Wednesday, June 2, 2010

A Day of Bliss

Well, it should be awfully obvious to anyone who knows me that the blog title “A day of bliss” translates to “organ day”. Yes, at long last today I got to lay fingers on historic keys and my ears were able to savor the delicious sound of mean tone. I spent the whole day on cloud 9. While I do not get to see as many organs this trip as when on tour, I did discover that it is rather nice not to have many other organists fighting for bench time and I selfishly savored 1-2 hours at each organ all to myself!

The first place we visited was the small village of Loburg. Right now we are staying with Manfred, who graciously took the day off work in order to accompany us on this organ adventure. I am so glad he could come, because I don’t know that I would have found all these little towns without his help. He commented on the drive there that this was not the typical tourist town. I love how most Germans are just awe struck that I would travel all this way just to play the organs here. I was quite pleased that Manfred was so anxious to see what the fuss was all about and as the day progressed, I think my excitement was rubbing off on him because he seemed to really enjoy himself as well. Once we arrived in Loburg, we waited to be let in. The key to this church was over 12 inches long and quite thick. It was about as old fashioned as a key could get. I really wanted a picture but felt a little foolish to ask. The church was just beautiful, as you can see.

We were then led into this beautiful old church and my nose was greeted with the familiar old church smell. My heart just soared with joy and excitement to be back in an old church again. Then, my eyes immediately darted up to the organ loft and when I saw that old organ my heart just started to POUND with excitement. I thought I might squeal right there in the church. We were given a short demonstration and tour of the organ. This is the other part of organs I love: the climbing up narrow creaking stairs to the balcony and climbing in and around the pipes to see every square inch of these magnificent organs. After the tour, I FINALLY got to play. After a long year of waiting, I found myself sitting on the bench and as I drew the old heavy stops, I knew my waiting was coming to an end and I would soon have a little slice of pure heaven. I chose to play Buxtehude and it felt so good. I can not even being to describe it. I felt whole. Complete. My feet danced on the pedals and my fingers became one with the keys. I can not even begin to describe how good this felt. I played for well over an hour, savoring the feel and sound and testing different combinations to really hear what this organ could do.

Finally, we had to move on, and I was sad to go, but had another organ to visit, so I wasn’t too sad…. We then visited a stork farm just down the road. It was interesting, though I must confess my brain was still back in the church and I was still a little in the clouds from having played that organ!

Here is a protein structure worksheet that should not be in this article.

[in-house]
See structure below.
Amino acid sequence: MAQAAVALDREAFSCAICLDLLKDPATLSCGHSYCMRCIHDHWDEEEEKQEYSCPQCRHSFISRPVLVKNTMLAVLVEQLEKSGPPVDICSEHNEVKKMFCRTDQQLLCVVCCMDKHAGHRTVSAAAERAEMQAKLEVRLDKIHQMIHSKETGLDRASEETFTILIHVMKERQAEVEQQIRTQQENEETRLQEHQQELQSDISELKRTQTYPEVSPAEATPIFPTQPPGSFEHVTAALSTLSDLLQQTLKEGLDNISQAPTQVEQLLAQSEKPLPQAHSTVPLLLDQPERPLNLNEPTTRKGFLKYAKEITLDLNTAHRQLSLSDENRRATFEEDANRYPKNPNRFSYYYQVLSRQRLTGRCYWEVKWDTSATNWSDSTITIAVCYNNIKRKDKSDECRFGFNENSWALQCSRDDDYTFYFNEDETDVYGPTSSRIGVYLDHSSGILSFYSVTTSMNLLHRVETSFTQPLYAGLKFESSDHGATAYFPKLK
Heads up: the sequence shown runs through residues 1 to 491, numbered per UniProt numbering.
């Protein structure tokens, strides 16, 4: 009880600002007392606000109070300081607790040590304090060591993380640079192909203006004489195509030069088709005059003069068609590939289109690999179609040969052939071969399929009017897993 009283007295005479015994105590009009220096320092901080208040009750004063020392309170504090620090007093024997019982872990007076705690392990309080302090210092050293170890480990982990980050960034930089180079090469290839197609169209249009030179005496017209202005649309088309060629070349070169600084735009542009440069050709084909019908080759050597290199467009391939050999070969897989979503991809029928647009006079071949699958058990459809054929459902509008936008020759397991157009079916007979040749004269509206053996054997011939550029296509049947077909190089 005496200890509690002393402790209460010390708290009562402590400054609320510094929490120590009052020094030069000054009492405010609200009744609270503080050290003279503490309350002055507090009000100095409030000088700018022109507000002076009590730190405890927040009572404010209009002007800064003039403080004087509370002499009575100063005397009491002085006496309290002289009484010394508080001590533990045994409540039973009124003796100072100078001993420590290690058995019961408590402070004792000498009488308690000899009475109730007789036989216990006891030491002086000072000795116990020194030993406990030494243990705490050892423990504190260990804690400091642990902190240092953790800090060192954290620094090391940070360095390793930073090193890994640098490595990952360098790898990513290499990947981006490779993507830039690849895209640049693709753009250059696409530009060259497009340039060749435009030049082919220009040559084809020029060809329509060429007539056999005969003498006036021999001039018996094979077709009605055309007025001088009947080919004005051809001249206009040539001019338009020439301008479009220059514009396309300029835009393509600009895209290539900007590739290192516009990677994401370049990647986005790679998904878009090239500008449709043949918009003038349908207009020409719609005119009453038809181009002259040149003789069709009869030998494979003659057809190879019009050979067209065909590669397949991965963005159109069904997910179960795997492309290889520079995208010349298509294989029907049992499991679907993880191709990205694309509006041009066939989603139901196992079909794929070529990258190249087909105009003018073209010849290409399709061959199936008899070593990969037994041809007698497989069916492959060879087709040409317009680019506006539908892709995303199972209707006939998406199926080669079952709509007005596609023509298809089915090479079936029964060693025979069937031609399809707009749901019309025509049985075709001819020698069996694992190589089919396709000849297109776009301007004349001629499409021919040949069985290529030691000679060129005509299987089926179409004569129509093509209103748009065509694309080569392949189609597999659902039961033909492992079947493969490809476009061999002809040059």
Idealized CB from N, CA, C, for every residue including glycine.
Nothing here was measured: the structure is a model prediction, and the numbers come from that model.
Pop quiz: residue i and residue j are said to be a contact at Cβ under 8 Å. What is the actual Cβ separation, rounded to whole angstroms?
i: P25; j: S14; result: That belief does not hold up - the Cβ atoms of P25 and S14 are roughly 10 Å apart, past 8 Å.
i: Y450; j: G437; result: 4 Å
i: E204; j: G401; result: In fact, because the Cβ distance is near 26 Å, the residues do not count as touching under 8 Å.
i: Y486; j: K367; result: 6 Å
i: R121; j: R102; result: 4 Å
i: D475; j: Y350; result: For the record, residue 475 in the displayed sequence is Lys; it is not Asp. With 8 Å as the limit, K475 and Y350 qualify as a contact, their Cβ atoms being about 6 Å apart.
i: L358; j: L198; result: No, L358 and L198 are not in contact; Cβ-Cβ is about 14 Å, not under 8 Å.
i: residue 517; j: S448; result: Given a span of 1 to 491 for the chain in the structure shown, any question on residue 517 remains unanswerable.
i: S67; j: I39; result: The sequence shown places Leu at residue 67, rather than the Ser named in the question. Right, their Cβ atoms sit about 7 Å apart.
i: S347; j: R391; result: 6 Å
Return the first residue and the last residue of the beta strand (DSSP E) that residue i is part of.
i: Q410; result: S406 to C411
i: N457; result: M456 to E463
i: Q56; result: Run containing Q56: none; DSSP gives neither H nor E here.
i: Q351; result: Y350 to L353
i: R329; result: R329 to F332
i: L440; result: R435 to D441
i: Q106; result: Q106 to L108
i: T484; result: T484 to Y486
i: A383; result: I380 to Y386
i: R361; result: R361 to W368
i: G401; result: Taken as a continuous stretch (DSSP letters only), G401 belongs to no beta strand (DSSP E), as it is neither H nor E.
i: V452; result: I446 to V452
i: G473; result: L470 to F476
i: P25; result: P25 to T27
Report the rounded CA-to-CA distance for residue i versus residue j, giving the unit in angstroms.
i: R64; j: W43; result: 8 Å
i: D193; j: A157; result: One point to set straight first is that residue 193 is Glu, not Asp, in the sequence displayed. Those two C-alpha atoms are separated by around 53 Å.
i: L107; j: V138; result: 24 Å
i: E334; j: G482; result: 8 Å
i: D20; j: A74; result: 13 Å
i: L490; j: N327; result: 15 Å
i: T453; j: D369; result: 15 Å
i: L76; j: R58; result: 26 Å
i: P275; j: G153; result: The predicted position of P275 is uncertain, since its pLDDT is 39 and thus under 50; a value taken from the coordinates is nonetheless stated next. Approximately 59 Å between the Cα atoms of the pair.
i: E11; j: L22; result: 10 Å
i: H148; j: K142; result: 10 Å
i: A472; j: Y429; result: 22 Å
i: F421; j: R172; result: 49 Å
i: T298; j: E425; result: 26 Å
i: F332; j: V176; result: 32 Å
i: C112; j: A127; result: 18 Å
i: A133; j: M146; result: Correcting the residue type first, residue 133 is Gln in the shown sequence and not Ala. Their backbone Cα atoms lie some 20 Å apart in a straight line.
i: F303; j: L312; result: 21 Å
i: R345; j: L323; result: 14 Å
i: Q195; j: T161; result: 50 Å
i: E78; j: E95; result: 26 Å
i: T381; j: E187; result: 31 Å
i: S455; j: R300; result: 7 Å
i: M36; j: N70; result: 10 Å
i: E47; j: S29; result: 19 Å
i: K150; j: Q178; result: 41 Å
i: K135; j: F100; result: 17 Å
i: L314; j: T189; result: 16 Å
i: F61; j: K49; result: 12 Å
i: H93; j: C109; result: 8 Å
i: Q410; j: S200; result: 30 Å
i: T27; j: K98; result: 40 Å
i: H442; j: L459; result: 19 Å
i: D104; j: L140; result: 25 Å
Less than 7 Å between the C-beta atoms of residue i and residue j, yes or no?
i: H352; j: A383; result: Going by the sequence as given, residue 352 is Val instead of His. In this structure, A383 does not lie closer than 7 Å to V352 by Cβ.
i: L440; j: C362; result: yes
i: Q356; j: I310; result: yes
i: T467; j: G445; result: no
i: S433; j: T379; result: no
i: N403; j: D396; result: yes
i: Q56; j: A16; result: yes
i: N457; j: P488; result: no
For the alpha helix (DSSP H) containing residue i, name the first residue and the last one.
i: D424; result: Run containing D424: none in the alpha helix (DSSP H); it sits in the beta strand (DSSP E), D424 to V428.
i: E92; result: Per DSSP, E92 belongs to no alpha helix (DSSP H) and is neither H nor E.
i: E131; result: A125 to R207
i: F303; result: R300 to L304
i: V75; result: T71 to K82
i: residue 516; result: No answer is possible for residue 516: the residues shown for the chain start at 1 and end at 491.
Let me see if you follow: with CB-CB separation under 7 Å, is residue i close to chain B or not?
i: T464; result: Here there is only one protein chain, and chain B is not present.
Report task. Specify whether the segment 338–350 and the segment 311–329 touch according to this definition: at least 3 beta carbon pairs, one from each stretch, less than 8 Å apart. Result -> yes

After this, we drove nearly an hour to Tangermuende. This village was amazing and totally typical German style. This church was much larger than the last and I immediately got excited. This was one of the ones I wanted to see the most. We entered this enormous church (and I mean enormous) and I was more or less oblivious to the huge church because I was too busy running down the center isle to get a look at the organ. When my eyes saw that thing I did a little happy dance. I mean look at this. It makes you drool a little.

Then we when up these very old and narrow stairs. it’s a very good thing I do not have a queasy stomach because holy bananas, that was an interesting climb. The organist didn’t speak much English, so Manfred translated. It was so cold up there in the loft that they even had a heating pad on the organ bench! This organ was mean tone with short octave. I was in HEAVEN. The organist told me you can’t play anything with more than 3 sharps or 2 flats, and that it had short octave. I busted out the Buxtehude and the minute I heard that mean tone I could have cried with joy. OH MY GOSH. One of the most beautiful sounds ever. I can not even describe it. Stunning. I only had an hour to play here, but it was a real treat. I could have stayed all day. I have not been this happy in a very, very long time. Ecstatically happy. Words can not even begin to describe it.

I was VERY sad and reluctant to leave this beautiful organ behind, but we had to move on. Next stop was the little town of Niederndodeleben. This is a very fun name to try to say. You sort of have to get a running start. This little church also had a very sweet key to the front door. I got to climb up the ladder to go inside the organ and this organ had a cage built around the console to protect the organist from the crowding peasants. It felt very fun to be locked in by the organ. This organ I played for an hour, and then continued for a second hour playing around with hymns. Man alive, I could have stayed the whole day.

It was a very cute little organ. I wish I could have heard the reeds, but they were just horribly out of tune.
What better way to end a day of organ playing then an organ recital? I mean really. So we trekked over to the Dom and enjoyed a lovely organ recital there. My little organ loving being was happy as a clam with all of this, and I was grateful that Heidi allowed me this day of bliss and that Manfred got so excited by these organs.

After the recital, we went out to eat, which was nice. Worry not, we topped the meal with ice cream so as not to break my 1 ice cream a day rule. I was just so excited from the organs I forgot to photograph this, but rest assured I did consume a delicious scoop of vanilla goodness.

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